Martin Cooke, Technical Director at EOGB Energy Products Ltd, discusses the critical considerations to bear in mind when selecting a replacement industrial heating system.
Unlike other sectors which are seeing an increased usage in renewable technologies, industrial heating systems typically do not offer the same opportunities as they still require the overall power of larger burners to meet the requirement for substantial heat demands in either direct or indirect fired applications.
However, alongside the government’s focus on reducing the amount of carbon that is produced within industry in the UK, we have seen a bigger focus on plant designers making sure that their industrial heating systems are operating at full efficiency in a bid to reduce their impact on the environment.
Meeting energy efficiency standards
Energy saving is always one of the top priorities in the industrial market as cutting down on energy costs has a direct and significant impact on final product costs.
With careful consideration at the stage of selecting a heating system, a huge impact on efficiency, costs and overall environmental impact can be achieved.
When selecting a burner it is critical to consider the following:
All the above should be specified at the point of order. However, certain features such as combustion controls can often be retrofitted if required, providing the controls are compatible.
Energy saving can be significant when combustion control is added. For example, the EOGB/Baltur TBG ME range of burners uses the Lamtec BT320 burner management system which is extremely versatile and allows extra control systems to be incorporated to suit the plant requirements.
Adding CO trim to the Lamtec BT320 or BT330 used by EOGB and Baltur allows combustion systems to get closer to stoichiometric conditions whilst remaining safe. CO sensors use a modified version of zirconia O2 sensors that enable them to detect the products of incomplete combustion.
The Lamtec CO trim is a self-learning algorithm that last for eight hours and then learns all over again to adapt to any changes in conditions. By monitoring CO it ensures that the plant is running as efficiently as possible as it will keep excess air in combustion to the minimum and reduces excess heat being drawn up the flue and wasted.
For example, a single 3MW plant which uses burners with added CO combustion control and variable speed inverter drives, can incur estimated savings of over £6,000 as well as CO2 reduction of approximately 20 tonnes (based upon 4,000 hours of operating time per annum).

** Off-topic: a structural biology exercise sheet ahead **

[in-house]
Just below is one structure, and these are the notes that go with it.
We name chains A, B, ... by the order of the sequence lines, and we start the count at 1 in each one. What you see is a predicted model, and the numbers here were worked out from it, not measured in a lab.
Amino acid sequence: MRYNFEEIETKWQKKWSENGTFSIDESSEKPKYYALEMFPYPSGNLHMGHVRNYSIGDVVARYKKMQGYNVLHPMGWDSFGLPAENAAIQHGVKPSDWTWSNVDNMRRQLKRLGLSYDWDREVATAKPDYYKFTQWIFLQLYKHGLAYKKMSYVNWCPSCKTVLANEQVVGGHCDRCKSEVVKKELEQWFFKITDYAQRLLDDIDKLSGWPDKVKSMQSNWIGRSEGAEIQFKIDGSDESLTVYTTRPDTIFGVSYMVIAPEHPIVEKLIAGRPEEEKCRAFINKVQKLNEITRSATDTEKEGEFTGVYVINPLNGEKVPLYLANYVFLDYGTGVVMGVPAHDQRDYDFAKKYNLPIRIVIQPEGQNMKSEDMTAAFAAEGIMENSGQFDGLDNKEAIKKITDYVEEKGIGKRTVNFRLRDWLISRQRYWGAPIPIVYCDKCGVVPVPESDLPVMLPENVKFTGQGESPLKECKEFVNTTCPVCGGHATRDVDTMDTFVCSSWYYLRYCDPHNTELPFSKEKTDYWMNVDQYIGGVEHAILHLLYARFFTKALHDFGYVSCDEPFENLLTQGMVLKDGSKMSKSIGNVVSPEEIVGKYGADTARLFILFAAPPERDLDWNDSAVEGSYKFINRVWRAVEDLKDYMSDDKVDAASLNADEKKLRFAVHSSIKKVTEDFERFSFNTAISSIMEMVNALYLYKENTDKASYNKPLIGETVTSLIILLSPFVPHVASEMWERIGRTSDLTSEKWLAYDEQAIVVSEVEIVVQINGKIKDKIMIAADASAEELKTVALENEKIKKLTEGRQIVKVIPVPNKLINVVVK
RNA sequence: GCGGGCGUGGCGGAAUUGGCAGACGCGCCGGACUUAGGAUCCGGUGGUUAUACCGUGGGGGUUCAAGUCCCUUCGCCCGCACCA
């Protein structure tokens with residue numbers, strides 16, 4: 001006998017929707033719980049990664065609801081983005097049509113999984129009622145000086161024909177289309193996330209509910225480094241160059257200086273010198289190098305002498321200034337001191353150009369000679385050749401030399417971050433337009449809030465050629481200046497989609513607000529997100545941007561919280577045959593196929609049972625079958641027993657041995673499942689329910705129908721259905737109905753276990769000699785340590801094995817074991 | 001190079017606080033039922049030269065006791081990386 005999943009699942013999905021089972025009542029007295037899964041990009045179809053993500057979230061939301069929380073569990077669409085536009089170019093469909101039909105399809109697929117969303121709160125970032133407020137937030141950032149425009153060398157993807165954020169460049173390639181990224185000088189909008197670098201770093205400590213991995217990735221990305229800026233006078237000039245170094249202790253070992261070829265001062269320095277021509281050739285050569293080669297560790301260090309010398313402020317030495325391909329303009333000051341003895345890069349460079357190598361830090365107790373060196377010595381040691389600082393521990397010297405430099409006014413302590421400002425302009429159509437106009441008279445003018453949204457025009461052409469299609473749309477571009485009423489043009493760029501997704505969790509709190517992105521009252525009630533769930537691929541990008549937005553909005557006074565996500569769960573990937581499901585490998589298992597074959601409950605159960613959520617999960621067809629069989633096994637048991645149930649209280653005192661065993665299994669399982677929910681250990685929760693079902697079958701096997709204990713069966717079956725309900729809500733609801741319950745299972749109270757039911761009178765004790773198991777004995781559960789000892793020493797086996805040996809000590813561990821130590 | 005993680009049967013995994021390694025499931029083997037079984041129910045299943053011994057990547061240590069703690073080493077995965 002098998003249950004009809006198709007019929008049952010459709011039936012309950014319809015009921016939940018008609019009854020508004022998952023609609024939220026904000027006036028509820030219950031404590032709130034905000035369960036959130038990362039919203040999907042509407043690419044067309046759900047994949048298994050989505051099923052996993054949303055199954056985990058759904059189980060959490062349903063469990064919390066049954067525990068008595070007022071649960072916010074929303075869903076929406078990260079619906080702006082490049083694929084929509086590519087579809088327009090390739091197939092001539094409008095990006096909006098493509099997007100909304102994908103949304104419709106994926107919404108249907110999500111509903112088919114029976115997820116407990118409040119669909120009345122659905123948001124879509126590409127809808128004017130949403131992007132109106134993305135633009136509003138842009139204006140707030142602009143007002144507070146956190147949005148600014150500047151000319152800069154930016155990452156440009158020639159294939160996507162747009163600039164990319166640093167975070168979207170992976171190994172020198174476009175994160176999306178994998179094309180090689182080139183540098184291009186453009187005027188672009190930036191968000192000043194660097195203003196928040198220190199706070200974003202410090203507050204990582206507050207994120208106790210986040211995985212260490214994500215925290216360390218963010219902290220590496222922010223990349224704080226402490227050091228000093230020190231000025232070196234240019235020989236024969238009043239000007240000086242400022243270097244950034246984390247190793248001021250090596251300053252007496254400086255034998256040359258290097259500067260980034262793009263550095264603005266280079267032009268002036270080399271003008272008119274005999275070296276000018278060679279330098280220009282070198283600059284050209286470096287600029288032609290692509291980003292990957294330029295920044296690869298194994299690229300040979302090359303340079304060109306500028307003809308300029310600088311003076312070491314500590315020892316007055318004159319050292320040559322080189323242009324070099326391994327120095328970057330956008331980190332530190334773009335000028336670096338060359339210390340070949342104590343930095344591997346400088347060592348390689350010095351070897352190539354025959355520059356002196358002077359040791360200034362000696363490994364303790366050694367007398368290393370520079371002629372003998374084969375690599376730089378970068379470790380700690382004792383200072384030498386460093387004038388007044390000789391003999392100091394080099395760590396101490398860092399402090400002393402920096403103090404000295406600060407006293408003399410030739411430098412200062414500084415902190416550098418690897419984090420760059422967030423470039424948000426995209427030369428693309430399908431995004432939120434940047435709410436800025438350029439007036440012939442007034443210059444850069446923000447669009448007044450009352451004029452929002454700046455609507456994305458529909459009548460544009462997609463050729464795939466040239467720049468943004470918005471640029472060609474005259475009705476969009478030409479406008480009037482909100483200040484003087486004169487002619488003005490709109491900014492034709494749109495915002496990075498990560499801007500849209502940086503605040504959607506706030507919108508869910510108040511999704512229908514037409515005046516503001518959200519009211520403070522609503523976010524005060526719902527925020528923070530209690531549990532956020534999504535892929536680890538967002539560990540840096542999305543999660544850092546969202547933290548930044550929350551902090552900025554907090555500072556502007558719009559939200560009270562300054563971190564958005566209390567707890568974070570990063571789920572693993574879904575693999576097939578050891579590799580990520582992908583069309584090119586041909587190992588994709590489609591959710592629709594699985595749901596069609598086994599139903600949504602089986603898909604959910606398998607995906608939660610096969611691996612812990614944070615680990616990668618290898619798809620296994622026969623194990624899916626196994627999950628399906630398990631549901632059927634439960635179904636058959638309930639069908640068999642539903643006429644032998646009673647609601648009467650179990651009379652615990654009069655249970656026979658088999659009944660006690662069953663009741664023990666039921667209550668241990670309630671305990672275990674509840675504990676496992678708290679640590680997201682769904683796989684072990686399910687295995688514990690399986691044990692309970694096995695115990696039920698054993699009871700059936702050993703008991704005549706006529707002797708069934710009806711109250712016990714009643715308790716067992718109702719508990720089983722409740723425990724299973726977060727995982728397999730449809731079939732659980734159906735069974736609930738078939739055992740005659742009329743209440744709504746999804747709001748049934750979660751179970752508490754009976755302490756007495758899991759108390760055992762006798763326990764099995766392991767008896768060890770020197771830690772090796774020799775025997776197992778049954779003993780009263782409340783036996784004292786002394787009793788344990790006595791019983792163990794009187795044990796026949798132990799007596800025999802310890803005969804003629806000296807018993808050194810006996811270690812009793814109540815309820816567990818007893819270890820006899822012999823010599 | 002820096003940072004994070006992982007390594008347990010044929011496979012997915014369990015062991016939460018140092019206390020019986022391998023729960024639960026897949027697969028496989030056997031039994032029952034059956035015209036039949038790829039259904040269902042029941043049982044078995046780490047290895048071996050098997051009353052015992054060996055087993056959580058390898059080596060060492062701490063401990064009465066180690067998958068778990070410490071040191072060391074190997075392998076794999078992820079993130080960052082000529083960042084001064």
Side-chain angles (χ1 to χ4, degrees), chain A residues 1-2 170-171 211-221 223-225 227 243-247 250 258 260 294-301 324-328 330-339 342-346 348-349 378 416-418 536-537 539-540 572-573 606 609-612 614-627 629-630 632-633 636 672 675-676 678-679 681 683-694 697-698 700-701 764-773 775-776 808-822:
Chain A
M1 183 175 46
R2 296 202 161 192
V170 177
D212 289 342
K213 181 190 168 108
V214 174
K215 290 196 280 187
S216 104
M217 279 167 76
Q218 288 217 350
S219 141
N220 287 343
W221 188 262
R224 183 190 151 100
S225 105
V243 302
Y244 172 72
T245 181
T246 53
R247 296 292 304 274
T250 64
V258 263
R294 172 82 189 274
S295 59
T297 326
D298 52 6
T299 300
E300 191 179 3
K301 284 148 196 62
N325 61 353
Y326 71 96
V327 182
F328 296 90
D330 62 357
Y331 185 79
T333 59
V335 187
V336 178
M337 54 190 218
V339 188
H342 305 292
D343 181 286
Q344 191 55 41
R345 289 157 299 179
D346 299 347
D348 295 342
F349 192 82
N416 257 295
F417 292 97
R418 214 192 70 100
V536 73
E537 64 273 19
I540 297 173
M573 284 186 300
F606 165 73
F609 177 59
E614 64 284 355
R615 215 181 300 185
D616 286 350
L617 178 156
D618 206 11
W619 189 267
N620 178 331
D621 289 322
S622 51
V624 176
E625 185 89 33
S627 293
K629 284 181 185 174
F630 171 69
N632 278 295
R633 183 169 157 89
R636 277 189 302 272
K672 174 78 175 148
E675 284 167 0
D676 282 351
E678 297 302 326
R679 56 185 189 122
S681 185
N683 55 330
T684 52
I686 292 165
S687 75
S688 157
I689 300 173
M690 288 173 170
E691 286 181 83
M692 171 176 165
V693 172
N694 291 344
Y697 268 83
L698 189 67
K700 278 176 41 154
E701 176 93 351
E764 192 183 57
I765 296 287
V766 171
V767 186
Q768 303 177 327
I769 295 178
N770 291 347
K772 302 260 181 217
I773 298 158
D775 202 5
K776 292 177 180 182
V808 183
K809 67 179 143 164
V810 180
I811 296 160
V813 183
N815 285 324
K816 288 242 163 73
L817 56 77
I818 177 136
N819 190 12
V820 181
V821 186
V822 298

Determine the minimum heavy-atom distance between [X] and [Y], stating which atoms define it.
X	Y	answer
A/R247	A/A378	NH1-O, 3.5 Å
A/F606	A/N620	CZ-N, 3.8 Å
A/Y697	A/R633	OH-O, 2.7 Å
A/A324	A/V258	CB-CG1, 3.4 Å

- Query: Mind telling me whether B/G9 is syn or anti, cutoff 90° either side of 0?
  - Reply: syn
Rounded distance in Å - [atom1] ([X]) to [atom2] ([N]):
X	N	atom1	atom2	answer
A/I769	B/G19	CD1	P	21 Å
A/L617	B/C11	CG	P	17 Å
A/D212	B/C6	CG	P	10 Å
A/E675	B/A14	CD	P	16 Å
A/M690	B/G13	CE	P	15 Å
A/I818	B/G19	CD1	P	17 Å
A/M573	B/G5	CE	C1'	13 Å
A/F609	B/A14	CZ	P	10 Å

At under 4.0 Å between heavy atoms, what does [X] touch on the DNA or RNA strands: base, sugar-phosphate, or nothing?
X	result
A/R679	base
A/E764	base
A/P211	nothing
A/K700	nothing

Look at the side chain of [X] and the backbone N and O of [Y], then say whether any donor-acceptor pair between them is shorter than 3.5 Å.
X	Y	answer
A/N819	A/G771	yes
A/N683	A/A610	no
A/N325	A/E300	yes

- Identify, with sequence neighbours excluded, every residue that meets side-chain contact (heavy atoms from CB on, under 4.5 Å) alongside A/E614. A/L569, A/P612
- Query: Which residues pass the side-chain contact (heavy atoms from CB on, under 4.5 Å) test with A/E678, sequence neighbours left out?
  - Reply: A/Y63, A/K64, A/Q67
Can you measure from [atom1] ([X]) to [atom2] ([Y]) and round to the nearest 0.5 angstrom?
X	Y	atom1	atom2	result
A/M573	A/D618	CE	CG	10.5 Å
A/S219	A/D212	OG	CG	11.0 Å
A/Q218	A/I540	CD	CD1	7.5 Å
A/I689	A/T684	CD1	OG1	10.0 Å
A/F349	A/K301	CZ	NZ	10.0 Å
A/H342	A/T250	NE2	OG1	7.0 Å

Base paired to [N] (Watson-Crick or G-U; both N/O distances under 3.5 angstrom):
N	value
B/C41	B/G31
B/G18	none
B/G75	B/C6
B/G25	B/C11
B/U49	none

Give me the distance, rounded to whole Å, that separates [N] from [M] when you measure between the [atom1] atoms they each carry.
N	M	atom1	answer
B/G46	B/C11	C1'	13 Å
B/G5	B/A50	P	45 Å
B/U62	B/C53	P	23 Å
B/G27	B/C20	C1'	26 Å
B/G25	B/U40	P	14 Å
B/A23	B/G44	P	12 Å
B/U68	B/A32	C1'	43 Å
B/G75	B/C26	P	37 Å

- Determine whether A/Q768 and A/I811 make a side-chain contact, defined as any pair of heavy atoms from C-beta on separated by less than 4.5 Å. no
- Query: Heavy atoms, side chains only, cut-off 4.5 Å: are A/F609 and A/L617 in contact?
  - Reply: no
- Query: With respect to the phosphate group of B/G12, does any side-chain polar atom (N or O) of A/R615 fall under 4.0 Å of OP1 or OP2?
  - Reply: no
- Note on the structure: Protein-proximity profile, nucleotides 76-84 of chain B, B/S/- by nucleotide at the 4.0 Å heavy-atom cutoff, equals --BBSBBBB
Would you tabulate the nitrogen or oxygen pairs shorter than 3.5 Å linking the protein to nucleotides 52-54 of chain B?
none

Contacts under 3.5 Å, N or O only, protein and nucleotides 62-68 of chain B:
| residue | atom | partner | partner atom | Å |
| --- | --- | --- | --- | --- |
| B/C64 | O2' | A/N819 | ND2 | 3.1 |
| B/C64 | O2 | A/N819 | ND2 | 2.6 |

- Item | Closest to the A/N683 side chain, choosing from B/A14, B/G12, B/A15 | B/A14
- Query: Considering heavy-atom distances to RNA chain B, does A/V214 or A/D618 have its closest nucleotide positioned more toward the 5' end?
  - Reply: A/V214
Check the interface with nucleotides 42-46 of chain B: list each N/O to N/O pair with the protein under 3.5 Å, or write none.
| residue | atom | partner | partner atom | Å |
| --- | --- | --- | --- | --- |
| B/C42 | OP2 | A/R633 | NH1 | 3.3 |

When selecting a replacement heating system, initial equipment cost is a huge factor. But, selecting what may seem the cheapest option initially, may not offer any long term savings.
People often think that implementing integrated energy saving measures will be expensive. However, by fitting technologically superior burners and controls, there is potential to pay back the initial extra investment within 1-2 years and continue to save energy and reduce CO2 emissions significantly year-on-year.
Along with attempting to ensure the plant is as efficient as possible, there is also the environmental impact of burning fuels that now is a major concern for air quality. Nitrogen Oxide levels are another extremely important factor to consider when selecting the correct heating equipment.
As per EN 676, gas burners are classified into three classes, with Class 3 being the lowest NOx levels up to 80 mg/KWh. All EOGB/Baltur gas burner heads are now class 3 as standard.
|Burner Class||NOx mg/KWh Methane||NOx mg/KWh LPG|
|1||Up to 170||Up to 230|
|2||Up to 120||Up to 180|
|3||Up to 80||Up to 140|
When a burner is matched to an industrial appliance it is extremely important to ensure that the burners working field (i.e. the range in which the burners fan can overcome the back pressure of the appliance it’s fitted to) is looked at very closely.
The information that is needed to make a perfect burner/appliance match is:
Ideally a burner will be selected to allow the maximum turndown ratio. In order to obtain this, the burner that operates towards its maximum output against the appliance resistance pressure for the output of the appliance is the best suited. This is particularly important when selecting a modulating burner to ensure a broad operating range.
Overall, there are many options available to installers and specifiers when selecting burners for an industrial application which can have a considerable effect on efficiency. However, as shown in the examples above, choices should not always be made based on initial cost.
EOGB can provide site surveys and advise on potential energy saving measures on your plant free of charge. For further information, call 01480 477066 or email email@example.com.